Oxford or Cambridge - Which Is Better? Does It Matter?

10/04/2013 17:20 BST | Updated 10/06/2013 10:12 BST

Oxbridge, the portmanteau of the University of Oxford and the University of Cambridge has for centuries, produced world-changing ideas and people that have gone on to mould the course of human history.

Oxford, the city of dreaming spires has bred 48 Nobel laureates, over 60 heads of state and government, 26 British prime ministers and the likes of J.R.R. Tolkien, Dr. Seuss, Bill Clinton and Aung San Suu Kyi.

Not to be outdone, the quaint green landscapes of Cambridge have provided home to 89 Nobel laureates (a world record), over 40 heads of state and government, 14 British prime ministers and mammoths such as Isaac Newton, John Maynard Keynes and Charles Darwin.

Oxbridge being England's only universities up until the 19th Century has naturally cultivated one of the world's most famous rivalries. The question of which is the better institution is one that regularly surfaces amongst aspiring students and spectators alike. And because prospective undergraduates can only apply to one, not both, many fixate on the seemingly inconclusive and rather fatuous debate.

Having done my undergraduate degree at Oxford and now being a postgraduate at Cambridge, comparing the two appears to be the first question many people will ask me upon learning my educational background. Not that I mind being asked this but I seem to have scripted a standard answer, perhaps from the routine of it all and it goes something like this...

"Oxford is bigger and livelier, Cambridge is smaller and prettier. Academically, not much separates the two but Oxford is slightly more well known for politics and humanities, whereas Cambridge for science and engineering.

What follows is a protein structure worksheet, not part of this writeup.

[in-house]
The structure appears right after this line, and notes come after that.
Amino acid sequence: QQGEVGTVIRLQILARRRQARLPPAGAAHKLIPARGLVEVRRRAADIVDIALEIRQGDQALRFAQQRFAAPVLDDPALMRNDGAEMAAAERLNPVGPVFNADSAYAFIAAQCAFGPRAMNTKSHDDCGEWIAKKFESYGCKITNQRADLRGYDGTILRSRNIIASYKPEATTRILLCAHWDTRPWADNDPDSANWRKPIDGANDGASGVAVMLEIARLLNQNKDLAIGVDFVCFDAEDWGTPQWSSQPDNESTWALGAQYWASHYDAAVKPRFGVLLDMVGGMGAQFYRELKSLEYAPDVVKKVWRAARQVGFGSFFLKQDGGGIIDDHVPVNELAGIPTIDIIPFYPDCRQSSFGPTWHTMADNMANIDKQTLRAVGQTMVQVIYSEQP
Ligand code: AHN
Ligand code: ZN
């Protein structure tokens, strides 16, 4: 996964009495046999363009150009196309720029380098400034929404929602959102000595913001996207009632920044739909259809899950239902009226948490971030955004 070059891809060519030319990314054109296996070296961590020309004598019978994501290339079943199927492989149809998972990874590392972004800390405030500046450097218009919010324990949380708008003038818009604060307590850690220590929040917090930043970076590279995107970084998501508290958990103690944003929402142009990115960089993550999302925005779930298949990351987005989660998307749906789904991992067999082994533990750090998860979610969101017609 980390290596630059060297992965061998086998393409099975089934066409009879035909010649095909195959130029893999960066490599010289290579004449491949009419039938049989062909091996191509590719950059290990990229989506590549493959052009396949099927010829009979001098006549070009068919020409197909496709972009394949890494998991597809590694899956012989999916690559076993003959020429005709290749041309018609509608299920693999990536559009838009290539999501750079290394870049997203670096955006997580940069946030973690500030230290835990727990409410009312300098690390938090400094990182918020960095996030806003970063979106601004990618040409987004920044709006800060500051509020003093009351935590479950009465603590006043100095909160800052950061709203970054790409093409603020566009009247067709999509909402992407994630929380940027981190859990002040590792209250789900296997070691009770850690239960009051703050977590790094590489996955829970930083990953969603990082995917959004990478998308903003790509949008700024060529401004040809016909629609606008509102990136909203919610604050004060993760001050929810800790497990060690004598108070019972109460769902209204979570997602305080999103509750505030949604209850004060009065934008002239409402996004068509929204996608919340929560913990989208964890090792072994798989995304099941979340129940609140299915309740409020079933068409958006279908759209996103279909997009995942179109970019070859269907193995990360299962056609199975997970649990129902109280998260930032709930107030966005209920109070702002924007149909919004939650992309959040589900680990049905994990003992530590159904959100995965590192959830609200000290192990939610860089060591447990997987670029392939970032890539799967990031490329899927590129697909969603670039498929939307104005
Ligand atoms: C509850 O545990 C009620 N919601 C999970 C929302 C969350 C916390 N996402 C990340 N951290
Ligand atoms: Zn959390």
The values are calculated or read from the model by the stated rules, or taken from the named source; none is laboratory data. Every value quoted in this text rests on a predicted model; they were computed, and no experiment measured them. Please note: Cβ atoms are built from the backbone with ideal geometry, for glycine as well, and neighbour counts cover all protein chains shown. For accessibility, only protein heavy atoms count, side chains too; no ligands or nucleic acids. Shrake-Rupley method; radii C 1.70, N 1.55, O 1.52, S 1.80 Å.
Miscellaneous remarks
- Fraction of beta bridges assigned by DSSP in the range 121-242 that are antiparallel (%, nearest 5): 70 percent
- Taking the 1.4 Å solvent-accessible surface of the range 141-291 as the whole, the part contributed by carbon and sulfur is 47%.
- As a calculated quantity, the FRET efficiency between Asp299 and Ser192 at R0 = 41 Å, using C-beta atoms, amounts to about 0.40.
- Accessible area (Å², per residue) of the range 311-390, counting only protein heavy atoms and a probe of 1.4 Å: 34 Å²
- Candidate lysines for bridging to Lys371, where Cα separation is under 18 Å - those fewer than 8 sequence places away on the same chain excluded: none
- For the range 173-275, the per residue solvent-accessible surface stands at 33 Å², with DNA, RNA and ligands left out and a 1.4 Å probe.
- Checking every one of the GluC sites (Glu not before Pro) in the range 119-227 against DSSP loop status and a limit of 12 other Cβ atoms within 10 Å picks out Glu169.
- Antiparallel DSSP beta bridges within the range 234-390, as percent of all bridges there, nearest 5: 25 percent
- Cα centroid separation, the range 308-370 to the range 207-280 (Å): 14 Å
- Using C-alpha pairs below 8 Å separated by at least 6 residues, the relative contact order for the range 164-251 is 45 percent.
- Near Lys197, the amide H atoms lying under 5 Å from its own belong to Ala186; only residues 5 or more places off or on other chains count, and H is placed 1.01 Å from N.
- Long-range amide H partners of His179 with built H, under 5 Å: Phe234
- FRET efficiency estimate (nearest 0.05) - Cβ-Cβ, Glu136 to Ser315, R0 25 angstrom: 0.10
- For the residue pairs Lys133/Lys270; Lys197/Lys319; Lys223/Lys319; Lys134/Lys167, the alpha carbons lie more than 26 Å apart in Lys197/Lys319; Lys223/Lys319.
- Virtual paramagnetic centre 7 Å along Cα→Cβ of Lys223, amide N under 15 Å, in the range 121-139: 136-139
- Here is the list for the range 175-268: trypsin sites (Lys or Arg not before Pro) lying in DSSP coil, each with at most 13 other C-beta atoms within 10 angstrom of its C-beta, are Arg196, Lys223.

At any rate, they share many similarities. They both have legal deposit libraries, the same collegiate and teaching systems, are rich in tradition and own world-renowned printing houses, debating societies and boat clubs".

I always end by saying that it is somewhat awkward and difficult for someone in my position having done an undergraduate degree in one and now pursuing a postgraduate degree in the other, to make a fair comparison of the two universities.

I think it is fair to say that my response to this question has become almost mechanical with time because the truth is I do not know the answer and I honestly do not think it is a very important question, unless you're a prospective university student serious about applying to Oxbridge (in which case, you should always choose your course over the university any day, and this includes universities outside Oxbridge). I certainly feel that it isn't an important question during first introductions for it tells very little about me as a person anyway.

I appreciate that getting into Oxbridge is extremely competitive and is a 'feat' in its own right, but it really doesn't matter whether Oxford is better than Cambridge and it shouldn't matter whether we go to one or the other or indeed any other university - at least not to the extent that it defines our identity and that is all people see.

We sometimes see excellent students fall into the trap of indulging in their success of gaining entry into a prestigious university. Not that there is anything truly wrong with this but once in a while you do see someone get carried away and rely a lot on their alma mater to give them their identity and see them through life. This can be dangerous because the initiative for success is subconsciously made dormant. They often become too complacent because of the false safety blanket of their university affiliation and will subsequently lose the drive they once had and gain a selfish sense of entitlement.

We must not let this happen to us. The distinguished university we once affiliated with should never define us; it is we who must define ourselves. And in fact, it is the students that define the university anyway.

Let us not forget that in the grand scheme of things, university is not the end but preparation for the beginning.

So, does it really matter to us whether Oxford is better than Cambridge or vice versa? Does it really matter which university we end up going to, Oxbridge or not, and where it is in the university rankings?

Yes in a way but in essence, no. As Baz Luhrmann very wisely put it, "the race is long and, in the end, it is only with yourself".